FORBES hasn't compiled MLS valuations since 2008. The league had just 14 teams that season, with the Seattle Sounders joining the following year on an expansion fee of $30 million. The average MLS team was worth $37 million and losing money. The LA Galaxy, the league's most valuable asset, had an enterprise value of $100 million.
And today? Ten of the league's 19 teams are making a profit (in terms of earnings before interest, taxes, depreciation and amortization). The Sounders are now the league's most valuable franchise at $175 million, a massive 483% increase over its 2009 sale price. And in May of 2013 a new ownership group paid $100 million just as an expansion fee to start a team in New York City.
How did MLS grow so big, so fast? MLS president Mark Abbott cites a host of league investments, particularly those targeted at improving the league's level of competition. In terms of on-field product, Abbott points not only toward the premium salaries paid to designated players like Thierry Henry and Robbie Keane, but also to America's developmental programs that have produced homegrown stars like Clint Dempsey and Landon Donovan.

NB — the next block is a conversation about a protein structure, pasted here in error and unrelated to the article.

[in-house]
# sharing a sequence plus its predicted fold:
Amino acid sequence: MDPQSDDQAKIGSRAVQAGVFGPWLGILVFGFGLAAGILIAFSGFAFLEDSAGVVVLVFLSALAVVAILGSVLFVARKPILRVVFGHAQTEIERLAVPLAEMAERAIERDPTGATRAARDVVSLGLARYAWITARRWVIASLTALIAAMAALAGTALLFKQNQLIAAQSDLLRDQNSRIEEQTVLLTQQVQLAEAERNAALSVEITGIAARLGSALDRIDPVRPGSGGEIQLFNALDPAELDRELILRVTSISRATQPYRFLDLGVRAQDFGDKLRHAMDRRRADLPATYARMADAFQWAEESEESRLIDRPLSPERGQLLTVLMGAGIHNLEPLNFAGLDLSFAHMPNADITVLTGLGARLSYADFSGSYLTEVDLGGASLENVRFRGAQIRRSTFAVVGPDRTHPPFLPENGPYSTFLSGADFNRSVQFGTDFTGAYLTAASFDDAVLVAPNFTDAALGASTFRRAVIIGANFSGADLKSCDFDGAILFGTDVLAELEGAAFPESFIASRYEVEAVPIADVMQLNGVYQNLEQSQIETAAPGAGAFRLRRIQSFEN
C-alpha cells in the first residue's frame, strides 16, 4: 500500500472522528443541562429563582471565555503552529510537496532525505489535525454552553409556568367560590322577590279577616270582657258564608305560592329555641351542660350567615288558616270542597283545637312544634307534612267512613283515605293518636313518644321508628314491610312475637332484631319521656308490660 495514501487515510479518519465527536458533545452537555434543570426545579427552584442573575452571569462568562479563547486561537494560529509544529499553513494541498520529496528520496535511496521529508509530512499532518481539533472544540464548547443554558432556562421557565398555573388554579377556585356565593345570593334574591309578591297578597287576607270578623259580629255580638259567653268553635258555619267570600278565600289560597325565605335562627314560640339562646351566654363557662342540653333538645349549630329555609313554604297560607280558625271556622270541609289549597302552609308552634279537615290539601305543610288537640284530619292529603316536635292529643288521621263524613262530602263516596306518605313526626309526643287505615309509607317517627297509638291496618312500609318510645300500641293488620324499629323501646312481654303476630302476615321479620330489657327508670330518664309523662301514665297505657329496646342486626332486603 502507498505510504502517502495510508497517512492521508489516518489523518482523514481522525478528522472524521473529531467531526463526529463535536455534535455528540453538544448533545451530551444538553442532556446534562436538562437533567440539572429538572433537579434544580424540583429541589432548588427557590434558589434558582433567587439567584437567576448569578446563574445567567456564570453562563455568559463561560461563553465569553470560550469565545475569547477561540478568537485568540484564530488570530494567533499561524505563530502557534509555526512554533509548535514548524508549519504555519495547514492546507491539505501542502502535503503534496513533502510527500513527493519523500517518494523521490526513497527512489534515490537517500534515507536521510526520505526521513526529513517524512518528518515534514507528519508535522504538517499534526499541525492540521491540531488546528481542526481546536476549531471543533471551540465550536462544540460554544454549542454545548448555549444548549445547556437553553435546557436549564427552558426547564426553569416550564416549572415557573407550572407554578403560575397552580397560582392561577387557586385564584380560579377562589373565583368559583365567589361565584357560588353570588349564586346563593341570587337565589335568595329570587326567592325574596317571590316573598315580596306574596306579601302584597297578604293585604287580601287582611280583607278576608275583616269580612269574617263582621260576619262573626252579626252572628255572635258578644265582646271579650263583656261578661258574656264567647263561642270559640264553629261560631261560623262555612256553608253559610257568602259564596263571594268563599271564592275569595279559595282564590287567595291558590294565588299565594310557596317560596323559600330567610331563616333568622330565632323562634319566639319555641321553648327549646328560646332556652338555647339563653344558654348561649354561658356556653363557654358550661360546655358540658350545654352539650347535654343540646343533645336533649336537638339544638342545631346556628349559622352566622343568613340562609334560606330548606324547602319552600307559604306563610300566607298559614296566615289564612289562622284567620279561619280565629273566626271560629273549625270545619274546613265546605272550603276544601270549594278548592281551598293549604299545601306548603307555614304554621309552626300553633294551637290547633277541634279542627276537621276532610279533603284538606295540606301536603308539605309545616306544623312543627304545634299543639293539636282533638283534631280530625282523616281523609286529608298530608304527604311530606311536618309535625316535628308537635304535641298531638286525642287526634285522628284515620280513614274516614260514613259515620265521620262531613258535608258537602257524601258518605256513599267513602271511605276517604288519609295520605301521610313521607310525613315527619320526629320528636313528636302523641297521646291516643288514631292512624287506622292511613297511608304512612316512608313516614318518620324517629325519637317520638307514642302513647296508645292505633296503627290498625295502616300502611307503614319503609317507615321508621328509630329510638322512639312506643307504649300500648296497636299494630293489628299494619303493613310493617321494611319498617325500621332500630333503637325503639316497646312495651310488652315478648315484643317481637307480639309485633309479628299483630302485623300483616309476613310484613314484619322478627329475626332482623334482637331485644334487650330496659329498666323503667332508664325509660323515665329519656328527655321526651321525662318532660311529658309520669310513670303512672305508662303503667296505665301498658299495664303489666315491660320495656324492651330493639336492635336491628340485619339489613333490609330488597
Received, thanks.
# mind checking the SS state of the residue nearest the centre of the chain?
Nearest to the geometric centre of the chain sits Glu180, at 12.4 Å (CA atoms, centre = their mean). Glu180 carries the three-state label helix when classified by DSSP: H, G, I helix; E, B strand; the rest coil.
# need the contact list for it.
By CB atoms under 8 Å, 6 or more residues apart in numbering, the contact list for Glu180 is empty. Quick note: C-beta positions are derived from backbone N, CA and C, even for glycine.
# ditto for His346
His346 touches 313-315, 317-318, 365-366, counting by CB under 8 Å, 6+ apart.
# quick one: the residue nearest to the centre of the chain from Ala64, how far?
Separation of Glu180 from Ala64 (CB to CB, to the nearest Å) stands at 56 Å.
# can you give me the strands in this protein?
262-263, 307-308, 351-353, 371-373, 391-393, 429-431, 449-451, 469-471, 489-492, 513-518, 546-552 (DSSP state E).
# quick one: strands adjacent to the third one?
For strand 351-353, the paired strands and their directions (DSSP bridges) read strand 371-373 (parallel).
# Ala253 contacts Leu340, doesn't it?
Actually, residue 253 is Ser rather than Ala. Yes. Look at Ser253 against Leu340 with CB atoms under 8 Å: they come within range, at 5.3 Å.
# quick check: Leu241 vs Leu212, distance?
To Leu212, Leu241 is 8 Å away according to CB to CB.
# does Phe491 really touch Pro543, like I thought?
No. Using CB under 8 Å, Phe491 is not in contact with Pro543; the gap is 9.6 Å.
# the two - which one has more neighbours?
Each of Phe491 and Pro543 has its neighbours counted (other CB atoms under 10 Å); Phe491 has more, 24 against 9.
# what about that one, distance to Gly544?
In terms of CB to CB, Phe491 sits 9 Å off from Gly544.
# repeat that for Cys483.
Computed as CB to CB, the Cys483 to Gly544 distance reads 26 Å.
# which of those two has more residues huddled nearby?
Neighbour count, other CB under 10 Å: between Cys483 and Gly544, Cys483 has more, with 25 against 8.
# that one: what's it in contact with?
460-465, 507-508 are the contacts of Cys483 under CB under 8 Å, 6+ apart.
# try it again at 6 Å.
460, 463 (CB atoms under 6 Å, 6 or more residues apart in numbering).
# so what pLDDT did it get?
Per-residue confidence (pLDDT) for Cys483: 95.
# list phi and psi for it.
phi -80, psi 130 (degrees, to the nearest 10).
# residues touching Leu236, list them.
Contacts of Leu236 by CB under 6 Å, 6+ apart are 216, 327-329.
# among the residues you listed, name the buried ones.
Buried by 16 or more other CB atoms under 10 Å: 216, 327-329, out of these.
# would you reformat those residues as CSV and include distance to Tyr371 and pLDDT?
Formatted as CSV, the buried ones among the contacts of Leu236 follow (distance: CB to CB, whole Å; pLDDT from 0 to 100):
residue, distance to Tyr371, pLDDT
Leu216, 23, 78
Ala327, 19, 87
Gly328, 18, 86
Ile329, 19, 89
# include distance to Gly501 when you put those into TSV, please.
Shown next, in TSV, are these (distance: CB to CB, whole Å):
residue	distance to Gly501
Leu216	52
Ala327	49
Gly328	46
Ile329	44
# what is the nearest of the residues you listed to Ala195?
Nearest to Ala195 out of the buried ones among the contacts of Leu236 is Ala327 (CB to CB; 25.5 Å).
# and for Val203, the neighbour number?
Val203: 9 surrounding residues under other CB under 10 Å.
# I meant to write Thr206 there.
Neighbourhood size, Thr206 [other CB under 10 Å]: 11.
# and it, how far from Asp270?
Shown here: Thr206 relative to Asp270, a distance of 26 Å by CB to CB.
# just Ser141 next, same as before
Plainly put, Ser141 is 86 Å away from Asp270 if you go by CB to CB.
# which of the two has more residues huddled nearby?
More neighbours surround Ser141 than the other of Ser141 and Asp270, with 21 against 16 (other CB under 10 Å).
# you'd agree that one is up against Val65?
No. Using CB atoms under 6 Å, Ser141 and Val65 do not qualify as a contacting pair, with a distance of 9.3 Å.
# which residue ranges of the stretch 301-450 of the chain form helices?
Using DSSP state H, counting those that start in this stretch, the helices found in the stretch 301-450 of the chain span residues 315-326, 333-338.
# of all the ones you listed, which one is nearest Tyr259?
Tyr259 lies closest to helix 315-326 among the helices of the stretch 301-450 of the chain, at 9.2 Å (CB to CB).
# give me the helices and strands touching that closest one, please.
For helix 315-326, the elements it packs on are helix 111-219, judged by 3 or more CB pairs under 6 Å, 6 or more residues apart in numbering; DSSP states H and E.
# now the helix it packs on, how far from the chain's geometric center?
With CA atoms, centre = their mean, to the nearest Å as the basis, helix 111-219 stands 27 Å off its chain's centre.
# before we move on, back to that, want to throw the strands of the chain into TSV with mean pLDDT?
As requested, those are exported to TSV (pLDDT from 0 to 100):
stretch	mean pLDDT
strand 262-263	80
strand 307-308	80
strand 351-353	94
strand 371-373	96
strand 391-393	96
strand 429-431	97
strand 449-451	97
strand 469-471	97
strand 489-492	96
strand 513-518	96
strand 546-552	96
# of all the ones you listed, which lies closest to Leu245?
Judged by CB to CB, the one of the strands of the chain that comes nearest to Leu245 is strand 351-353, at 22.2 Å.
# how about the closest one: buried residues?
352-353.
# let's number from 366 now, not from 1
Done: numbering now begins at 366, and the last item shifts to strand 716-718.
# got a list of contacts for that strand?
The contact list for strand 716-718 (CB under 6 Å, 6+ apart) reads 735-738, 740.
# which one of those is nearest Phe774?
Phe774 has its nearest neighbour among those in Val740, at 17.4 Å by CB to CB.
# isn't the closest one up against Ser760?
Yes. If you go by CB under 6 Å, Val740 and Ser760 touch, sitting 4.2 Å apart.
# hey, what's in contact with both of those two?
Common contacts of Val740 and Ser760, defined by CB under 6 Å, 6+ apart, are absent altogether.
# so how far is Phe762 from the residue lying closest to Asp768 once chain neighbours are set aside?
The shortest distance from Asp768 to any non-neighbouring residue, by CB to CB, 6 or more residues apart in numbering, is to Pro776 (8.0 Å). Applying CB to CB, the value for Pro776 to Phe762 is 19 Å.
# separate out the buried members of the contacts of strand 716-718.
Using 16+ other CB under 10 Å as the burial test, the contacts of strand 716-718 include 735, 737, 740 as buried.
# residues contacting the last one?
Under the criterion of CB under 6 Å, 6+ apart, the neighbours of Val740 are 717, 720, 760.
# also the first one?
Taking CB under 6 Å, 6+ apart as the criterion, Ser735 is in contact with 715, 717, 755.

Operating Income ($M)1
New York Red Bulls
Sporting Kansas City
New England Revolution
Real Salt Lake
San Jose Earthquakes
FORBES estimates; revenue and operating income is for 2012 season 1 Earnings before interest, taxes, depreciation and amortization